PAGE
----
It’s official. Leasing and installment payments are in, contracts are out.
According to an internal memo obtained by Android Central, Sprint plans to shift gears into promoting its Lease and Easy Pay offers for smartphone users, though tablets will still be available for purchase on a subsidy.
The move comes as Sprint has sought to establish itself in the device lease space with its new device lease company and is consistent with previous comments that the carrier would kill contracts by the end of 2015.
In November, Sprint announced a $1.2 billion lease back deal and 2.5 million device tranche to jumpstart its new, independent device leasing company, Mobile Leasing Solutions. A second tranche is expected sometime in the first quarter 2016.
At the time, Sprint CFO Tarek Robbiati said the deal would “immediately improve the company’s liquidity position” and create a “repeatable structure to sell future leased devices.”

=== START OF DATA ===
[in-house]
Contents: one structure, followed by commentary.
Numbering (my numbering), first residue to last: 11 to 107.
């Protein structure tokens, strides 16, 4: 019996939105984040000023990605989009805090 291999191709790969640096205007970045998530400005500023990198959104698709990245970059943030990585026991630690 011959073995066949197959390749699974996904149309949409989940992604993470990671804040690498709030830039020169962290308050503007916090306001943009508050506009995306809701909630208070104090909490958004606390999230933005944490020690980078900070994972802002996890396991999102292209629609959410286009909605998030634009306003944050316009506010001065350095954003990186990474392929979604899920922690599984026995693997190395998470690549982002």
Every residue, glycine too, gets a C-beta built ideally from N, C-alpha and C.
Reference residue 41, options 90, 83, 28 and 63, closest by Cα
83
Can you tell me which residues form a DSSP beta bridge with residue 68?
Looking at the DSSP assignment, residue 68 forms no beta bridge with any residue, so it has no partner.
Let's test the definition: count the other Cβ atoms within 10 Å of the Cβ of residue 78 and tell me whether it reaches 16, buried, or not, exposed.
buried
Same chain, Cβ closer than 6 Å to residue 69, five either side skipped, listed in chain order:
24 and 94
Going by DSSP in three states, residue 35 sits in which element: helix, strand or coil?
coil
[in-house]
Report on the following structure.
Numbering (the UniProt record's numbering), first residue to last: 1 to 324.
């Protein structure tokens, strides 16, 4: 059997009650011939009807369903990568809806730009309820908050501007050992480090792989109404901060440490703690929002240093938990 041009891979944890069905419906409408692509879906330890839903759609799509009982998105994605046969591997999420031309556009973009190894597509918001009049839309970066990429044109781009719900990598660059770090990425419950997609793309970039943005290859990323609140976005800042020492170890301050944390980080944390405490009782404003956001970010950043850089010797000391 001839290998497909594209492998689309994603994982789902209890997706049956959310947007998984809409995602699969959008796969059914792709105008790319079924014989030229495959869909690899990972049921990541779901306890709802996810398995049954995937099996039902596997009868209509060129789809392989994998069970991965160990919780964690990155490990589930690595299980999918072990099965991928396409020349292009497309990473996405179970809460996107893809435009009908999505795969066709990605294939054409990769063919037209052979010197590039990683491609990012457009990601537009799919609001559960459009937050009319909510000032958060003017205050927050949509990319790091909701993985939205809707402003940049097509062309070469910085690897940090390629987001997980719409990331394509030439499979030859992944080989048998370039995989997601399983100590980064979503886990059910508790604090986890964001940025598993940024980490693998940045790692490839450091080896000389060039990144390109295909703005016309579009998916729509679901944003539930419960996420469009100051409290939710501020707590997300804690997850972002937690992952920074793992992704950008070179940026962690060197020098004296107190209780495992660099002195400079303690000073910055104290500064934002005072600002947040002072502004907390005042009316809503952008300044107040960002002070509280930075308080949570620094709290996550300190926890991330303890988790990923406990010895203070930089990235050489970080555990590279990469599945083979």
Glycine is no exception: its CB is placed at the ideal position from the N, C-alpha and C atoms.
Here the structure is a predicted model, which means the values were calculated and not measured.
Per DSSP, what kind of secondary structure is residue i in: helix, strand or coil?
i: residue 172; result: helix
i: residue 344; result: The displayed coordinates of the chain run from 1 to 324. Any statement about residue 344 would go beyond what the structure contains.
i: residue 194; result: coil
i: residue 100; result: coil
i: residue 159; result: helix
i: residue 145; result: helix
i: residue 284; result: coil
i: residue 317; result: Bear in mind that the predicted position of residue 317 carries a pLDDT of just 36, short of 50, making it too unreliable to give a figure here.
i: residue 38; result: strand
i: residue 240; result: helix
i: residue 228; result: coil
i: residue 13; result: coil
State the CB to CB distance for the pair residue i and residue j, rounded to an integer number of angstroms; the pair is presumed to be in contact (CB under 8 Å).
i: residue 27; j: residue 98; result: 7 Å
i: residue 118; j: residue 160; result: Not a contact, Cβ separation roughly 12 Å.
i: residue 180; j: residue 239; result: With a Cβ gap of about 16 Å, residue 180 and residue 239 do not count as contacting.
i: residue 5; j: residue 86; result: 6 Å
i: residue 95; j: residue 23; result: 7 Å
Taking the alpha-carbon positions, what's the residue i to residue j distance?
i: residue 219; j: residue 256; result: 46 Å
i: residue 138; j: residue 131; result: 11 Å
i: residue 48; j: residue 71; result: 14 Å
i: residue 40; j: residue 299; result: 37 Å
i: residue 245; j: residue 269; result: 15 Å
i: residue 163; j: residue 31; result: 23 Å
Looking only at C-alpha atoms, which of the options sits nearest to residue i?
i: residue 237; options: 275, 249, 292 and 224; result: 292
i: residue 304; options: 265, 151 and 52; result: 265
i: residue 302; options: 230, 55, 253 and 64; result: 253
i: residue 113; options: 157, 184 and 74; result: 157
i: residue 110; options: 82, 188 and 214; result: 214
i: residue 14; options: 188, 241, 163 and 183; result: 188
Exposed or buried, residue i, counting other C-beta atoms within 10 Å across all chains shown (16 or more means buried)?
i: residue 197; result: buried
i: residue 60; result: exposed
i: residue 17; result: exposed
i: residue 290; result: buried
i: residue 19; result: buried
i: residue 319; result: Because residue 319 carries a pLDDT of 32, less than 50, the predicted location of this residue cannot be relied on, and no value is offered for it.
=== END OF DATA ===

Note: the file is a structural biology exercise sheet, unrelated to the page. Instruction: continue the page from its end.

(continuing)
With Sprint now promoting device leasing over subsidized phones, the lease company will likely see another boost.
Despite the lack of two-year contracts, however, it is important to note that customers are still tied to their service through the lease or installment term. Those who opt out before that term is finished face penalties in the form of having to pay off the remaining balance for the device in one lump sum.
In December, several consumer groups accused T-Mobile of misleading advertising practices for promoting its services as “no contract” obligations when the majority of month-to-month services are tied to two-year equipment financing plans that carry financial penalties for early termination.
The consumer groups asked regulators at the Consumer Financial Protection Bureau to investigate, saying they were “concerned that, without regulatory intervention, consumers will continue to enter into service agreements expecting a no obligation, month-to-month arrangement only to find that they are saddled with hefty equipment-related expenses if they terminate service.”
At the time, analysts suggested consumer confusion surrounding the end of traditional two-year contracts was to blame for the accusations.